The Architectural and Archaeological Society of Durham and Northumberland as part of the Heart of Teasdale Landscape Partnership Scheme
A community archaeology project developed as part of the Heart of Teesdale Landscape Partnership scheme, funded by the Heritage Lottery Fund, was carried out by NAA and a small team of local volunteers. The project investigated a group of rock art panels, comprising eroded cup and ring marks and linear grooves, on a promontory to the south of Hawksley Hill Farm near Barnard Castle.
NAA trained people from the local community in various archaeological techniques to investigate the rock art and its landscape setting. The aim of the project was to expose and record known carvings, to identify new examples, and to ascertain if the carvings were associated with features buried below the ground.
The team of volunteers toiled through wind, rain and dense fog to strip, clean and investigate an area of 100 square metres, revealing the surface of a large area of outcropping sandstone that the carved panels were part of. As well as identifying features associated with the rock art, the project recorded former field boundaries, evidence of ridge and furrow ploughing, quarrying, and disturbance relating to the use of the area as a military training ground in 1945. Undated terraces, quarries and a possible small cairn were discovered on the promontory on which five of the six carved panels were located.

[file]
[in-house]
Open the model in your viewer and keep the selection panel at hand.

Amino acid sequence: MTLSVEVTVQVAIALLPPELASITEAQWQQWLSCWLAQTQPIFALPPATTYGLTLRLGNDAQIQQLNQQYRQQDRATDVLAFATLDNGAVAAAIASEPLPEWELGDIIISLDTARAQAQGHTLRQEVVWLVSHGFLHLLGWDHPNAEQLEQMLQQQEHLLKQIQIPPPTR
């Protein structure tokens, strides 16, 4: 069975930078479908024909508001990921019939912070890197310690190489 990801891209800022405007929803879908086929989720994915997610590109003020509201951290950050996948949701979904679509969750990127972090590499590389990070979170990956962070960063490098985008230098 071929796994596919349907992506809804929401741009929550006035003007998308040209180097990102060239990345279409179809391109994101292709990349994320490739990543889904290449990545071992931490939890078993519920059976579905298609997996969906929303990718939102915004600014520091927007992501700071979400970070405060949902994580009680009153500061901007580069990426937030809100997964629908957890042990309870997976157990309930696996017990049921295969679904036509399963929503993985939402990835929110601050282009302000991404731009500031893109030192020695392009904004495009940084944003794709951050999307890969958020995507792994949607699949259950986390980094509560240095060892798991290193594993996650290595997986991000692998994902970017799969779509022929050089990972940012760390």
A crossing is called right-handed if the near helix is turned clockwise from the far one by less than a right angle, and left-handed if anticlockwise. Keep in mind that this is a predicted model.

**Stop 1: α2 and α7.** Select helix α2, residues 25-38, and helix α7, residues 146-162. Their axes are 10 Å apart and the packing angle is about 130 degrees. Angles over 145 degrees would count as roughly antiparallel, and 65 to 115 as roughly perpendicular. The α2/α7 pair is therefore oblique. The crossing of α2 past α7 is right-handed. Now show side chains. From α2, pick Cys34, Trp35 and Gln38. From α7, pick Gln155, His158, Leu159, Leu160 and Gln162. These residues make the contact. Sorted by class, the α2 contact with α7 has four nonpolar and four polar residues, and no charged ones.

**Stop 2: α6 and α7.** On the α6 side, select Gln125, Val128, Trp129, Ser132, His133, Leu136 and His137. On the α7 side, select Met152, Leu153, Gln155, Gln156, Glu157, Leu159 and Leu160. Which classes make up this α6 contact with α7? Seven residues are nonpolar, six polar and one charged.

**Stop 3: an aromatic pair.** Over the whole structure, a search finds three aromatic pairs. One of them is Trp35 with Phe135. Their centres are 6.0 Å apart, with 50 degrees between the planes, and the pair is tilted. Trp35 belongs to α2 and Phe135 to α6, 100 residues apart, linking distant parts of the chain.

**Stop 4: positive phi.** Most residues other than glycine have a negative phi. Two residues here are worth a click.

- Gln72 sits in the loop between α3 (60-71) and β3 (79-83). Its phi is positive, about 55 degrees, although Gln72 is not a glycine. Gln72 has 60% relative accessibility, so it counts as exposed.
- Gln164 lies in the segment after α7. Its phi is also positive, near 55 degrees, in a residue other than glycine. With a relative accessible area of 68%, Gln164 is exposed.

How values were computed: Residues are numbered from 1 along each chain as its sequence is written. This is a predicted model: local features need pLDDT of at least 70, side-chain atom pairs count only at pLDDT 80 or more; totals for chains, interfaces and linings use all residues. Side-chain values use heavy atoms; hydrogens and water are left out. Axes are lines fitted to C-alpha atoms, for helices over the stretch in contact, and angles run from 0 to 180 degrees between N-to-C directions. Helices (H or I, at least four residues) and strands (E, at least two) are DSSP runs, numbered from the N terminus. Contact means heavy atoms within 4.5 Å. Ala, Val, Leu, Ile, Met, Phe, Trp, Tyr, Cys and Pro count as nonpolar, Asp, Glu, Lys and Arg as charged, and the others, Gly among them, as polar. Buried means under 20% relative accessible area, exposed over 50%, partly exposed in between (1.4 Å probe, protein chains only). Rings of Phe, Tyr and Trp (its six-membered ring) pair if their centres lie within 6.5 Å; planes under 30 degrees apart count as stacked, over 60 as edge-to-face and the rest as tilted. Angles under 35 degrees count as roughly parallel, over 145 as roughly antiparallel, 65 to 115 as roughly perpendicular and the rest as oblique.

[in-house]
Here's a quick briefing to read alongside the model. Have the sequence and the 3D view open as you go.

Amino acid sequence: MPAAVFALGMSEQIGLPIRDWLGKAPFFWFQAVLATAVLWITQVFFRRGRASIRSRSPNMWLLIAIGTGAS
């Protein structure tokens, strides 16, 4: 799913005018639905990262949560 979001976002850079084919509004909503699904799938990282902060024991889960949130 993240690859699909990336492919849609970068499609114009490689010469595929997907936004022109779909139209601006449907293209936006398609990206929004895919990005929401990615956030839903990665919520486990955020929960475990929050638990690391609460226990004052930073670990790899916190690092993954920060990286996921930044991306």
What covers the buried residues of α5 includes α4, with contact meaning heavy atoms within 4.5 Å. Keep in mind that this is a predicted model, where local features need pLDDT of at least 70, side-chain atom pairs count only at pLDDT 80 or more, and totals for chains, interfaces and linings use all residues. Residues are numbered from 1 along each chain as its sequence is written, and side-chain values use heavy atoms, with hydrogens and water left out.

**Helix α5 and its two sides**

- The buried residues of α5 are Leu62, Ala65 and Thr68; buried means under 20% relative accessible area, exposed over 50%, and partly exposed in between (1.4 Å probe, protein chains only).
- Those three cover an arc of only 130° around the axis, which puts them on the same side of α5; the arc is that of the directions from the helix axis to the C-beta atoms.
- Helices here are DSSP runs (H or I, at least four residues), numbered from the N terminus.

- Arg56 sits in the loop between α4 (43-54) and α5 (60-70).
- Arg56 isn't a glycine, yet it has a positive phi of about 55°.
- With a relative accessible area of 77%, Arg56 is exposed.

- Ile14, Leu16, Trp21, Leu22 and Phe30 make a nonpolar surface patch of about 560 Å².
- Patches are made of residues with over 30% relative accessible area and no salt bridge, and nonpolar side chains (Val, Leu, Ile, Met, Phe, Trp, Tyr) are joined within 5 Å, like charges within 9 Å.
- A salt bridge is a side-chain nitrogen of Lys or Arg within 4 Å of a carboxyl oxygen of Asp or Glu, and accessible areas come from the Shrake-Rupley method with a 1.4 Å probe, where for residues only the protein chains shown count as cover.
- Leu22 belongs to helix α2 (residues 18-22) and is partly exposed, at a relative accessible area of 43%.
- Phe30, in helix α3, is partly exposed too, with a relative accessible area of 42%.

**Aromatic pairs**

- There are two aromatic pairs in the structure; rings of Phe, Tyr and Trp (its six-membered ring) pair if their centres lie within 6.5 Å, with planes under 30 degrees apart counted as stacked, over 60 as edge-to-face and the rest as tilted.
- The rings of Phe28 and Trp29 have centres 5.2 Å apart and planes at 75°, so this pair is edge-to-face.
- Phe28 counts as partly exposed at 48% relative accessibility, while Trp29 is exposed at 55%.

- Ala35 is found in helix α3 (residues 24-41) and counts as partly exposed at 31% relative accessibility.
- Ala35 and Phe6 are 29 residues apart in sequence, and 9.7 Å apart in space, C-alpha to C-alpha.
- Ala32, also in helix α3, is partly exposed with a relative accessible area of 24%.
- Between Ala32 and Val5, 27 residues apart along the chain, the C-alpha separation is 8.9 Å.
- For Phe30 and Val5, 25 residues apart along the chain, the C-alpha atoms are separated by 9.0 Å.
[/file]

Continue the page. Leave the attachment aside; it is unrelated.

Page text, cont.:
Having revealed the extent of the rock art, NAA demonstrated to the volunteers a range of modelling techniques to produce an accurate and highly detailed 3D image of the surrounding landscape, using interpretations of LiDAR data; drone survey; photogrammetry; polynomial texture mapping; and reflectance transformation imaging. The involvement of the local community was fundamental to the success of the project, and provided the participants with a rare opportunity to engage with and better understand the history of their neighbourhood, and to learn how archaeology can bring it to life.